How to deal with income loss when you’re self-employed

Turning Points 4 min read

I’ve been preparing for something like this pandemic to happen ever since I quit my corporate job at the end of 2016. Not that I predicted a pandemic specifically (I definitely didn’t see that coming), but as a millennial who graduated college in the midst of The Great Recession, I knew it was only a matter of time before we experienced yet another financial crisis.

You may think that I was prudent and forward-thinking for doing so. However, throughout the past three years, there were plenty of times that I second-guessed myself. Was it necessary to have such a big emergency fund? Should I be outsourcing more of my work to freelancers instead of doing things myself to save money? Was my business overly diversified? Was I doing too many different things to generate income?

Then, March 2020 happened, and all of my worries disappeared. Here’s what I did to successfully recession-proof my business and deal with income loss while self-employed.

1. Cut non-essential business expenses

What’s the first thing you should do when your income drops? Cut back on your business spending. This means sorting through all of your business expenses, especially subscription-based expenses, and cutting out anything that is not 100% essential for your business to run properly.

For me, this meant cancelling a few software programs that I wasn’t using regularly, downgrading some of my subscriptions to save money if I didn’t need all of the features, and pushing back some planned business expenses to the following year. By doing this, I was able to quickly save a few hundred dollars per month, giving me some much needed breathing room.

2. Diversify your business offerings

As I previously mentioned, something I used to think was a shortfall of mine was doing too many different things in my business. I know one successful business strategy is to have a short list of business offerings to stay focused and to avoid spreading yourself too thin. Although that’s generally good advice, I’m so glad I set my business up to be well-diversified and flexible enough to pivot when need be.

As an example, two of my big income generators were public speaking and organizing in-person events. But not this year. If these were my only two business offerings, I’d be struggling to stay afloat right now. Instead, I shifted my business’ focus to selling online products and offering online financial counseling services. Since these were already parts of my business, albeit small, it was easy to make the change and work towards replacing the income I would have normally earned through speaking and events.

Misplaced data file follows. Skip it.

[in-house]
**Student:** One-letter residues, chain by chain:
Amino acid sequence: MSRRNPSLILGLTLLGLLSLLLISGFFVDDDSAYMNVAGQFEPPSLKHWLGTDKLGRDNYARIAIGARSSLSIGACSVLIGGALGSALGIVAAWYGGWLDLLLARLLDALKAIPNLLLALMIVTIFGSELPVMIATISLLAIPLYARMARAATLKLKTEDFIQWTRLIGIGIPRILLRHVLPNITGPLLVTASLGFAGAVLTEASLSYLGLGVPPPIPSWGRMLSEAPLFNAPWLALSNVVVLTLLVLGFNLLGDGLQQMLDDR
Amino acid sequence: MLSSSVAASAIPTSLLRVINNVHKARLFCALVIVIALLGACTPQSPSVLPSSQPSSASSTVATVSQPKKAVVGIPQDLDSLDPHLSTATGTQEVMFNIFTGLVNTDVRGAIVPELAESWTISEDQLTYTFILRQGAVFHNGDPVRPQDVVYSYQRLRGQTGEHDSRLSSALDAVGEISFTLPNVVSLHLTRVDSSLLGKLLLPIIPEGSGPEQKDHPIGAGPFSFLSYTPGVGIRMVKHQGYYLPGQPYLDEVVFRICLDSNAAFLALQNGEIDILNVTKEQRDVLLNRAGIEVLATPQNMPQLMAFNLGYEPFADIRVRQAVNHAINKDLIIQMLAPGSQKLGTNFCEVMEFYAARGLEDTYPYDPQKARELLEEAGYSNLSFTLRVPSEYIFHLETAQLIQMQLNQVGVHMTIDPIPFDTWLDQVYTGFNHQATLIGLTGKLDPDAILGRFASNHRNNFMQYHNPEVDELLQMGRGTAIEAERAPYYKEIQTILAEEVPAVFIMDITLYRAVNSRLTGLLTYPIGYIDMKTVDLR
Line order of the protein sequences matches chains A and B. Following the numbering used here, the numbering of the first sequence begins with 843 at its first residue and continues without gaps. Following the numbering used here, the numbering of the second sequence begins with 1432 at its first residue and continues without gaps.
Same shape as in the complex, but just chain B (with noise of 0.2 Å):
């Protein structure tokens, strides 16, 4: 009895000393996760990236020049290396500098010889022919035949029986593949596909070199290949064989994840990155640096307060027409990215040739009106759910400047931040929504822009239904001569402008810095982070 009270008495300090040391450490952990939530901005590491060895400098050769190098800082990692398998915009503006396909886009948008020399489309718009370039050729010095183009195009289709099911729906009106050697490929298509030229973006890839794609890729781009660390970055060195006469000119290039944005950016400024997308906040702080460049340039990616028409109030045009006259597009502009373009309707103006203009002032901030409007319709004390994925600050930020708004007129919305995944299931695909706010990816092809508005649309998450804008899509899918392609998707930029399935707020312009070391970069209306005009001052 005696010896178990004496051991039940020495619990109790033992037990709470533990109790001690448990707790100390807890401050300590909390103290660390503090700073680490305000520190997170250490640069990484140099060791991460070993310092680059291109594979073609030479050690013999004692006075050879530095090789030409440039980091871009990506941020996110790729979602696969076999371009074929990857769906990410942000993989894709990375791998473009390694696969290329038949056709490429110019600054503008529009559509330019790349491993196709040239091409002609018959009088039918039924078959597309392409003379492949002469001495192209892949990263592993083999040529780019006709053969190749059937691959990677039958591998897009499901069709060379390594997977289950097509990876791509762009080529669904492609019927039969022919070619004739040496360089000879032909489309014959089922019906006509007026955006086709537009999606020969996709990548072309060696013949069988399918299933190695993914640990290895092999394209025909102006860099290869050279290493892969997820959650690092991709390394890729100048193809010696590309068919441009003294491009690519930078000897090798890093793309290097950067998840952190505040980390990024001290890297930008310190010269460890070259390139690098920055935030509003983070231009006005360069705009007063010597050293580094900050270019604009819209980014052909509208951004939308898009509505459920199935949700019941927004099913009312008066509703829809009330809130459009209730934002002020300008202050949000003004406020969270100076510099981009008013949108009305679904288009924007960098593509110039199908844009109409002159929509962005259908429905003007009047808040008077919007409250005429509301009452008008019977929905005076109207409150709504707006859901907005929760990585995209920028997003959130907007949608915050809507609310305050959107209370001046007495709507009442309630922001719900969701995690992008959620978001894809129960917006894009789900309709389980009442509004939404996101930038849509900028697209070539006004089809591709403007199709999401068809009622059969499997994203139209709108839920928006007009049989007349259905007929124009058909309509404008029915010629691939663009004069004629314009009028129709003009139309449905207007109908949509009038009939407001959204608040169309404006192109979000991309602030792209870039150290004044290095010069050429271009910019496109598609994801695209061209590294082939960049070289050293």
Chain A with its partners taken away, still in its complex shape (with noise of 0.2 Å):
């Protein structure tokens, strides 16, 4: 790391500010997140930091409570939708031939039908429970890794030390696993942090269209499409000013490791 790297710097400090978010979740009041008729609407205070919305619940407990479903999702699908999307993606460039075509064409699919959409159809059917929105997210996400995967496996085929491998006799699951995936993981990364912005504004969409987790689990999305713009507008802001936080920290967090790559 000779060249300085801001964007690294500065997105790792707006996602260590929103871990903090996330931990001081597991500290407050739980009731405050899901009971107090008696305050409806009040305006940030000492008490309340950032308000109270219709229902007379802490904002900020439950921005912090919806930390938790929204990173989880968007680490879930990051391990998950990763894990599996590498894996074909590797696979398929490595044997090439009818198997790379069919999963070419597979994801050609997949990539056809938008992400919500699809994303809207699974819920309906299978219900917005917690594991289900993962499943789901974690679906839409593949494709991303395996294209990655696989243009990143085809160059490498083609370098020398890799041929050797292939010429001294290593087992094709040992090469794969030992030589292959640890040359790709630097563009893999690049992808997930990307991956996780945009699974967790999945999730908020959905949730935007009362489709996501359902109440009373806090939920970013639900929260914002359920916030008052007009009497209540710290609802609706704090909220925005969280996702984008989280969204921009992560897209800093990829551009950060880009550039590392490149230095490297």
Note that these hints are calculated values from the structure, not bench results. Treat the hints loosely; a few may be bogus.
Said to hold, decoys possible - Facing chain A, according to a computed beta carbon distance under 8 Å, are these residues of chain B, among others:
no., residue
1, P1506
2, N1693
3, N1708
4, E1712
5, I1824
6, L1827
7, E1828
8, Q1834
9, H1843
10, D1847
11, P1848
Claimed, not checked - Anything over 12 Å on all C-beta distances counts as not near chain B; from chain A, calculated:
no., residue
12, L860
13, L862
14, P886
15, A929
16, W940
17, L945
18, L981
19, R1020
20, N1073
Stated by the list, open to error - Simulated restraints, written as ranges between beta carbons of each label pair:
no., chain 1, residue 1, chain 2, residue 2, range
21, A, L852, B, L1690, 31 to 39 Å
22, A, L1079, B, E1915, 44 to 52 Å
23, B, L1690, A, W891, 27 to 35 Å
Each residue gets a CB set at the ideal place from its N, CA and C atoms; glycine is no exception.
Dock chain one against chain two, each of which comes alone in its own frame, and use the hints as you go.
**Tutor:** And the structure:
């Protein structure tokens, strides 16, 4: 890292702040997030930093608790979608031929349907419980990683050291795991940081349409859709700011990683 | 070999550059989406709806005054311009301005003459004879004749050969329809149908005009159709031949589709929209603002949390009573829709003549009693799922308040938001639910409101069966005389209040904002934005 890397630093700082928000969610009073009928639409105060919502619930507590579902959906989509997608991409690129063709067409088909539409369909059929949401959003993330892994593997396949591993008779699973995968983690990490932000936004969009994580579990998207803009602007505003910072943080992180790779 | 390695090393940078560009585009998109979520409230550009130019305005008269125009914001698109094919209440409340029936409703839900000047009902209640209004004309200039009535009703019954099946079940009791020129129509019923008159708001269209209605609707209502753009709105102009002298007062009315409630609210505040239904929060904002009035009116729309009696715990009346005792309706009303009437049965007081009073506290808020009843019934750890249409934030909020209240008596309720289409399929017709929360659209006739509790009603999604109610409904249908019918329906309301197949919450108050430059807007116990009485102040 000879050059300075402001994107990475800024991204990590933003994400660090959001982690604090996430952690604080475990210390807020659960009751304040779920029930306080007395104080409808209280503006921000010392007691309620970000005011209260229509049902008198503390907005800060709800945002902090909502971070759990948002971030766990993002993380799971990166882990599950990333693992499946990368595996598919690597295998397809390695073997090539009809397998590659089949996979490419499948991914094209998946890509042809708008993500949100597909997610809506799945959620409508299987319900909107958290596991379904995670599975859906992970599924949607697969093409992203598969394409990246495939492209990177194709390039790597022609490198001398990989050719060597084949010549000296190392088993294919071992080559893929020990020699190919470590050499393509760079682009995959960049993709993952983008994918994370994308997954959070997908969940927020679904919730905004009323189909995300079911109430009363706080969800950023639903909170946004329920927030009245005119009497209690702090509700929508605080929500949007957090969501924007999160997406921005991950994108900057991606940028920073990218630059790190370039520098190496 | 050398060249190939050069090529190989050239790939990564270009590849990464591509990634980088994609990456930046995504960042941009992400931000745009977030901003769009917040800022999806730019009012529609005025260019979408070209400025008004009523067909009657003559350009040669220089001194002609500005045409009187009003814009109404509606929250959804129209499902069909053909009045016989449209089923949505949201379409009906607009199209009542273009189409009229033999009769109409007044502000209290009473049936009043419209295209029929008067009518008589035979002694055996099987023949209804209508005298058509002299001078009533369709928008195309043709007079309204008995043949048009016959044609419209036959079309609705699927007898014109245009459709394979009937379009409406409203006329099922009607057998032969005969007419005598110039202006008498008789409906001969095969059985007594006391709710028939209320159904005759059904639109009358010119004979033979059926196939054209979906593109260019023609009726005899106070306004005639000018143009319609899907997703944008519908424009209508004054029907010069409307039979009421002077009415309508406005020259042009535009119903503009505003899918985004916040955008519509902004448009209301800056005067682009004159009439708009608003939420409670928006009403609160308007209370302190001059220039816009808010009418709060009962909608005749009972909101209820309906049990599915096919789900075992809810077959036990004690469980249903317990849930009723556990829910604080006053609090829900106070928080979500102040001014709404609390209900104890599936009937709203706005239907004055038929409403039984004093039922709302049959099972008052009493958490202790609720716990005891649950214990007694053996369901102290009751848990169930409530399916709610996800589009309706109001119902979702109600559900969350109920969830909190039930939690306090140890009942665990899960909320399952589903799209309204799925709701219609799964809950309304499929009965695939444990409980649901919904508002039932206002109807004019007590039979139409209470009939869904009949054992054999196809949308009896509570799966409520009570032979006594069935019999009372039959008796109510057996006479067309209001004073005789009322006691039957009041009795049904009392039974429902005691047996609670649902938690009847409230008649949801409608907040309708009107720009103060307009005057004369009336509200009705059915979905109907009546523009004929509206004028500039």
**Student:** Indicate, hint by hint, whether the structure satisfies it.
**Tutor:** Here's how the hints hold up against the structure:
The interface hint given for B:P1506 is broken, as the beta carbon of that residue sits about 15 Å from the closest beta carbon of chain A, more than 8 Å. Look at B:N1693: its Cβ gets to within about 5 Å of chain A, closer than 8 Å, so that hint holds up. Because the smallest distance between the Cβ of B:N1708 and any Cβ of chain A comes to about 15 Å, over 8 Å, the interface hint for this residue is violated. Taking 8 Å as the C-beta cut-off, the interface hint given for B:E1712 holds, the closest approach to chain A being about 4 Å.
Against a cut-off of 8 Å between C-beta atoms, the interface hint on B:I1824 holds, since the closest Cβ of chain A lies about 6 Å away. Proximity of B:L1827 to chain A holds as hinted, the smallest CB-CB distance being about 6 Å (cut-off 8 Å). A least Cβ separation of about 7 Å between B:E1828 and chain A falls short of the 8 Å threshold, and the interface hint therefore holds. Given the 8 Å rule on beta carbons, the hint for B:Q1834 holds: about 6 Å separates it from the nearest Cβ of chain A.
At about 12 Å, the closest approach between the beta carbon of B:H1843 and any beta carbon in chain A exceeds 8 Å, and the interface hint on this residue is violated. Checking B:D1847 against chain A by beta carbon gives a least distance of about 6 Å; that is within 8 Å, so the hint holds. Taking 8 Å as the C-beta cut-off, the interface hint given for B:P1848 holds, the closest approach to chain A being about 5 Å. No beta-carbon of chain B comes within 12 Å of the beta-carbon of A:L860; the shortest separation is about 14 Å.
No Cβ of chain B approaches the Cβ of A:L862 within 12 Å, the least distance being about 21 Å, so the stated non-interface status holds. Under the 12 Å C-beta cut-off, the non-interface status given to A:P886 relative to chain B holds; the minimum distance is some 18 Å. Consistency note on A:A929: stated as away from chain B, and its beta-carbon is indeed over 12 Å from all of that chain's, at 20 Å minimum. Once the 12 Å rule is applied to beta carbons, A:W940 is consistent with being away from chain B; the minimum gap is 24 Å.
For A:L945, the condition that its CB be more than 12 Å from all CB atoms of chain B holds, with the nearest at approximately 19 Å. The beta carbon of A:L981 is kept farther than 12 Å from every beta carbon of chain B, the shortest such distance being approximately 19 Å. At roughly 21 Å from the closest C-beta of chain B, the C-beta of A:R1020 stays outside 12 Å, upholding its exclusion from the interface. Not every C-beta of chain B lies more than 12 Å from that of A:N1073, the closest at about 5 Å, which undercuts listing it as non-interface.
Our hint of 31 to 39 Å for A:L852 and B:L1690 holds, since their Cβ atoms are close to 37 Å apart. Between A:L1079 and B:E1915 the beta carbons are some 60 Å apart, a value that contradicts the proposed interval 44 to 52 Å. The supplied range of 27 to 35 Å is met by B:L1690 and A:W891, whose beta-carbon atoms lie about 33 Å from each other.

3. Reach out and follow up on business leads

It was easy to make the change, but a little harder to get people to buy my online products or hire me for my financial counseling services right off the bat. As someone who normally hates sales, I had to start being more proactive by reaching out to new and warm leads, and following up with past clients.

This is never a fun thing to do and it does come with some unfortunate rejection. However, once you turn a lead into a sale, it will make all that time and effort worth it. For me personally, by putting more energy towards outreach and promotion, I was able to attract more financial counseling clients in the past three months than I’d had in the past three years.

4. Stand your ground and say no

One thing I noticed in recent months is that a number of inquiries I’ve been getting are using these current uncertain times as an excuse to request free labor or discounted rates. I’m telling you, I’ve received an embarrassing number of requests to do free presentations for virtual summits.

At first, especially in March when almost all of my work dried up, my first instinct was to say yes in the hopes that the exposure would attract new clients to my products and services. I did one speaking engagement as a test run, and instead of gaining any new clients, I actually funneled some of my followers to that virtual summit’s business.

After that, I said I would never do another speaking gig for free, and although it can be difficult saying no, just remember that you can’t live off of exposure. You deserve to be paid for your time and work. Moreover, if you accept work for free or lower your regular rates, it may devalue your work and make it difficult to negotiate payment or higher rates in the future.

Instead, I would suggest focusing your energy on ways you can actually generate revenue for your business.

5. Look into relief options for your business

I didn’t quit my day job until I had at least one year’s worth of living expenses saved up in cash. I wanted to make sure that if the worst-case scenario happened and I couldn’t earn a dime in my first year of business, then I could at least afford to pay my bills while searching for a new job.

Having this emergency fund was a huge saving grace when everything happened this spring. If you don’t currently have a sizable emergency fund to not only cover your business expenses but also your personal expenses, make this your number one priority.

In terms of other forms of financial relief, take this time to research your options. What are some government relief programs you could apply for? Are there different ways you can work with your financial institution to lower your interest payments or reduce your fees? Consider some low-interest credit products, like a line of credit, you can draw from as a last resort to keep your business running.

You’ll thank yourself later for being as prepared as you can be right now.

Was this article helpful?

3 min
3 min
3 min